The Two Sheds Review: Progress Chapter Seven: Every Saint Has a Past, Every Sinner Has a Future

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Progress is the name of the game as we take another look at one of the hottest properties in the indy world right now as we take a look at the two disc Chapter Seven: Every Saint Has a Past, Every Sinner has a Future.

Disc one began with El Ligero defending the Progress title against his number one contender, Noam Dar.

Normally this would have been the main event, but as the show began Dar asked co-owner/ring announcer/sheep wrangler Jim Smallman if his title shot could be the first match on the show. Smallman said it was up to Ligero, and after a hearty “si!” chant from the crowd Ligero granted Dar’s request with a good old fashioned dropkick.

So with all the niceties out of the way these to went on to have an excellent encounter, and it left me wondering just how good the rest of the show would be because of it. Ligero controlled the early going until he missed a dropkick, which led to Dar targeting the masked man’s leg as he looked for his champagne super knee bar.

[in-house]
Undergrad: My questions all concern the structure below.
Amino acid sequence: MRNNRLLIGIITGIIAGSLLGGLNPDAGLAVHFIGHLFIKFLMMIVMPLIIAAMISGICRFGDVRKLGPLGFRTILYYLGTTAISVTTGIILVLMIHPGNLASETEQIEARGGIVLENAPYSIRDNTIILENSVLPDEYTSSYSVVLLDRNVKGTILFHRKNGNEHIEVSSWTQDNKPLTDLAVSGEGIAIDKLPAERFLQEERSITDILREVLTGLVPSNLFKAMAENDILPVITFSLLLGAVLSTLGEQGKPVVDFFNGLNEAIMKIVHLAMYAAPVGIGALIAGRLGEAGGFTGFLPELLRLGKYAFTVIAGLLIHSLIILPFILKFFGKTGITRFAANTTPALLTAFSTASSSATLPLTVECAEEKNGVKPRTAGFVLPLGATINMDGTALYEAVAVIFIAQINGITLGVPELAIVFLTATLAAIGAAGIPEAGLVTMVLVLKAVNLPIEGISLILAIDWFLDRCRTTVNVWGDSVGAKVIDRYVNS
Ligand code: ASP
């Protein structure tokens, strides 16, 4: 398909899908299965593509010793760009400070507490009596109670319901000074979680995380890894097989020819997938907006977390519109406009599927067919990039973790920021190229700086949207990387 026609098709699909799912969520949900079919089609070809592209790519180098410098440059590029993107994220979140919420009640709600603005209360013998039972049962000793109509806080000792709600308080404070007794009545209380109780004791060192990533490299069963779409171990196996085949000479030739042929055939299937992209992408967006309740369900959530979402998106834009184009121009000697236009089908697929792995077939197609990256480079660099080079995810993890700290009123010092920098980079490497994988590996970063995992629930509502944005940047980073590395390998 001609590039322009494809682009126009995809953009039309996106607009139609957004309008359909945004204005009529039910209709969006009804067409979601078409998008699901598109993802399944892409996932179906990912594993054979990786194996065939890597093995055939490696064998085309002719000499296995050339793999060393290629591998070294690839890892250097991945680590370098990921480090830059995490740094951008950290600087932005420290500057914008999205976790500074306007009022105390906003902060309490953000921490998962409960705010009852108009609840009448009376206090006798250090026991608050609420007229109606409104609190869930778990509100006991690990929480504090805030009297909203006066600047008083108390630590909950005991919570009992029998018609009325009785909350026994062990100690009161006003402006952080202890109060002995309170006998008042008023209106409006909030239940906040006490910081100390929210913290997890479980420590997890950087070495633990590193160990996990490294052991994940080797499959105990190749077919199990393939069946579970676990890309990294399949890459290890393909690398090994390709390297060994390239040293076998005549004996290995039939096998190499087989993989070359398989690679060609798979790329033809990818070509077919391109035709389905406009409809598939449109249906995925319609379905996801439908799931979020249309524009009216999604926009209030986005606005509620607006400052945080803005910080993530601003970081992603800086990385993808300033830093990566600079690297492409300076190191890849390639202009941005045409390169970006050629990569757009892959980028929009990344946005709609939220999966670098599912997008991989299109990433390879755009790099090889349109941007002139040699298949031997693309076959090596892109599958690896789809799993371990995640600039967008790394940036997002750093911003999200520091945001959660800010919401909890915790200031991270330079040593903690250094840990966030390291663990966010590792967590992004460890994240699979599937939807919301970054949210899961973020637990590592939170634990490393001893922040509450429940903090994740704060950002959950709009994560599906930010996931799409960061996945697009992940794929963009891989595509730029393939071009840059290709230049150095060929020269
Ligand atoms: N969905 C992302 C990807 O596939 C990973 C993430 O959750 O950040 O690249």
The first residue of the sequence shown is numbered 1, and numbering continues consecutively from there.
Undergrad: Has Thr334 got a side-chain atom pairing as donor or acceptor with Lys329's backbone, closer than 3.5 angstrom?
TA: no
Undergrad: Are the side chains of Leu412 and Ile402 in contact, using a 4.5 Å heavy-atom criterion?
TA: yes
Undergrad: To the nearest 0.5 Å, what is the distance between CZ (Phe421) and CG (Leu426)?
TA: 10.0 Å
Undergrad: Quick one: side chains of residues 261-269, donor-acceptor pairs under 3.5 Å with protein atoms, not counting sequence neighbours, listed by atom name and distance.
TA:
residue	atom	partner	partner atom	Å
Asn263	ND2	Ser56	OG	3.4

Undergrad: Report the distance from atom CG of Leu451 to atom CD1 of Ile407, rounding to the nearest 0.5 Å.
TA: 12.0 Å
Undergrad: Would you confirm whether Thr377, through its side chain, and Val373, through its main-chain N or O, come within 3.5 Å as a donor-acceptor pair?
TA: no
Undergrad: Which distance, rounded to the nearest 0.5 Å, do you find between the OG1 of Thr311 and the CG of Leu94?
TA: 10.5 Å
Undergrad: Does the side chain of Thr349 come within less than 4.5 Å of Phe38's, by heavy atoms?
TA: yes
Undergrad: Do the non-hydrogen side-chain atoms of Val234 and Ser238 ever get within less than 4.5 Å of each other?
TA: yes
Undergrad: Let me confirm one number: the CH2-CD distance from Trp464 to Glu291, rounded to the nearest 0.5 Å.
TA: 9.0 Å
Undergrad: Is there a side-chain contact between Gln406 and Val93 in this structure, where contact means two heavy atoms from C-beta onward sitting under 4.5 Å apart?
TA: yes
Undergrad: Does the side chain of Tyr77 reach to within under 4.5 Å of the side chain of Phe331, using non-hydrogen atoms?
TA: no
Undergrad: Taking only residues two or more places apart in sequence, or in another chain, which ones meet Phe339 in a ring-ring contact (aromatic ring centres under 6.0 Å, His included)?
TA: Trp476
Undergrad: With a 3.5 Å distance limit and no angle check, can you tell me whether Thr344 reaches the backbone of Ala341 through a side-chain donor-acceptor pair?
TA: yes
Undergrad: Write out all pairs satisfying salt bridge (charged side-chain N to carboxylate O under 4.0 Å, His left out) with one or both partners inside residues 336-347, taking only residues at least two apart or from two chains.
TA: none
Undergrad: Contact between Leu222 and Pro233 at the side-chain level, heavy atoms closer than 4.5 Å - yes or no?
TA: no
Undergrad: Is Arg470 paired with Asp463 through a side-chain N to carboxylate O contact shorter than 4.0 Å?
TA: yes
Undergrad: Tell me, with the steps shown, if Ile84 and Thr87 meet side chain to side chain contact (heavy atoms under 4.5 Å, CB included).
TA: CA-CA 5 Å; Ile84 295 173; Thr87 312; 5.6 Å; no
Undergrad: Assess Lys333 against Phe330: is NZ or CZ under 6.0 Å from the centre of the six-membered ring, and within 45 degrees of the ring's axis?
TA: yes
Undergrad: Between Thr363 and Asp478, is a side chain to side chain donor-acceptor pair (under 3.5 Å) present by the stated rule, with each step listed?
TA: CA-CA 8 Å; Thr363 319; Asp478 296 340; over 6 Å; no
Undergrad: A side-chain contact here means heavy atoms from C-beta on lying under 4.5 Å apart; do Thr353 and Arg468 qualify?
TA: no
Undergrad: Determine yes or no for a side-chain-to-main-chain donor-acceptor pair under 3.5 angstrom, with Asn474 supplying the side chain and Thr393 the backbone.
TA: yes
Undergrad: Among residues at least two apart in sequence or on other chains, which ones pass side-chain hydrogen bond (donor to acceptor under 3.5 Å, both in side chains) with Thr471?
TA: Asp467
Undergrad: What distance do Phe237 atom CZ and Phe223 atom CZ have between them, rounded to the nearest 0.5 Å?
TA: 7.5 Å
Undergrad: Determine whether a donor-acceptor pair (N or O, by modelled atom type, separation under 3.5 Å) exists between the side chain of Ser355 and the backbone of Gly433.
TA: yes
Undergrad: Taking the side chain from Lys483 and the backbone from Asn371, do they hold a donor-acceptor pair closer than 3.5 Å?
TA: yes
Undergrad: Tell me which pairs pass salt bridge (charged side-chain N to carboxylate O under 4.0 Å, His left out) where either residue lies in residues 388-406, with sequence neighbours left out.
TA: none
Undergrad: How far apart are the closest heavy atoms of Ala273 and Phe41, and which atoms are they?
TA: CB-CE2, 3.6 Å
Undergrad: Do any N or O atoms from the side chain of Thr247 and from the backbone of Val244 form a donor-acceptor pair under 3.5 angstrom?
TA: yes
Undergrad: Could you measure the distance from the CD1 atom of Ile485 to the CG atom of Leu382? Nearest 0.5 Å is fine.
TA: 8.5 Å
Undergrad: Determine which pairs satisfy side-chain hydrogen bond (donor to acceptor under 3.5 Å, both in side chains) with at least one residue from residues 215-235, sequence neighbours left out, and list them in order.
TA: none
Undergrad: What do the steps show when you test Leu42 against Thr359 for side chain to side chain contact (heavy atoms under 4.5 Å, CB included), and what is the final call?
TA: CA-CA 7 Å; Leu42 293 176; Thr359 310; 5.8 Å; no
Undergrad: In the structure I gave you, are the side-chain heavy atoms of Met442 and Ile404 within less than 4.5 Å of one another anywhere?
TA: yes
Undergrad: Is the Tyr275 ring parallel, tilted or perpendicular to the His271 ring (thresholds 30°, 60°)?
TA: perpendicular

From there we saw some great back and forth action as it turned into a hard hitting and fast paced affair with numerous near falls. Both guys just kept getting better and better as the match went on, and with Dar getting so close it really looked like there was going to be a title change.

Ligero threw everything at his challenger, but the youngster kept coming back for me, and even when the champion took him down with his C4L DDT Dar kicked out of the pin, giving Ligero the sign that he was number one. At least that’s how it would be interpreted in WWE these days.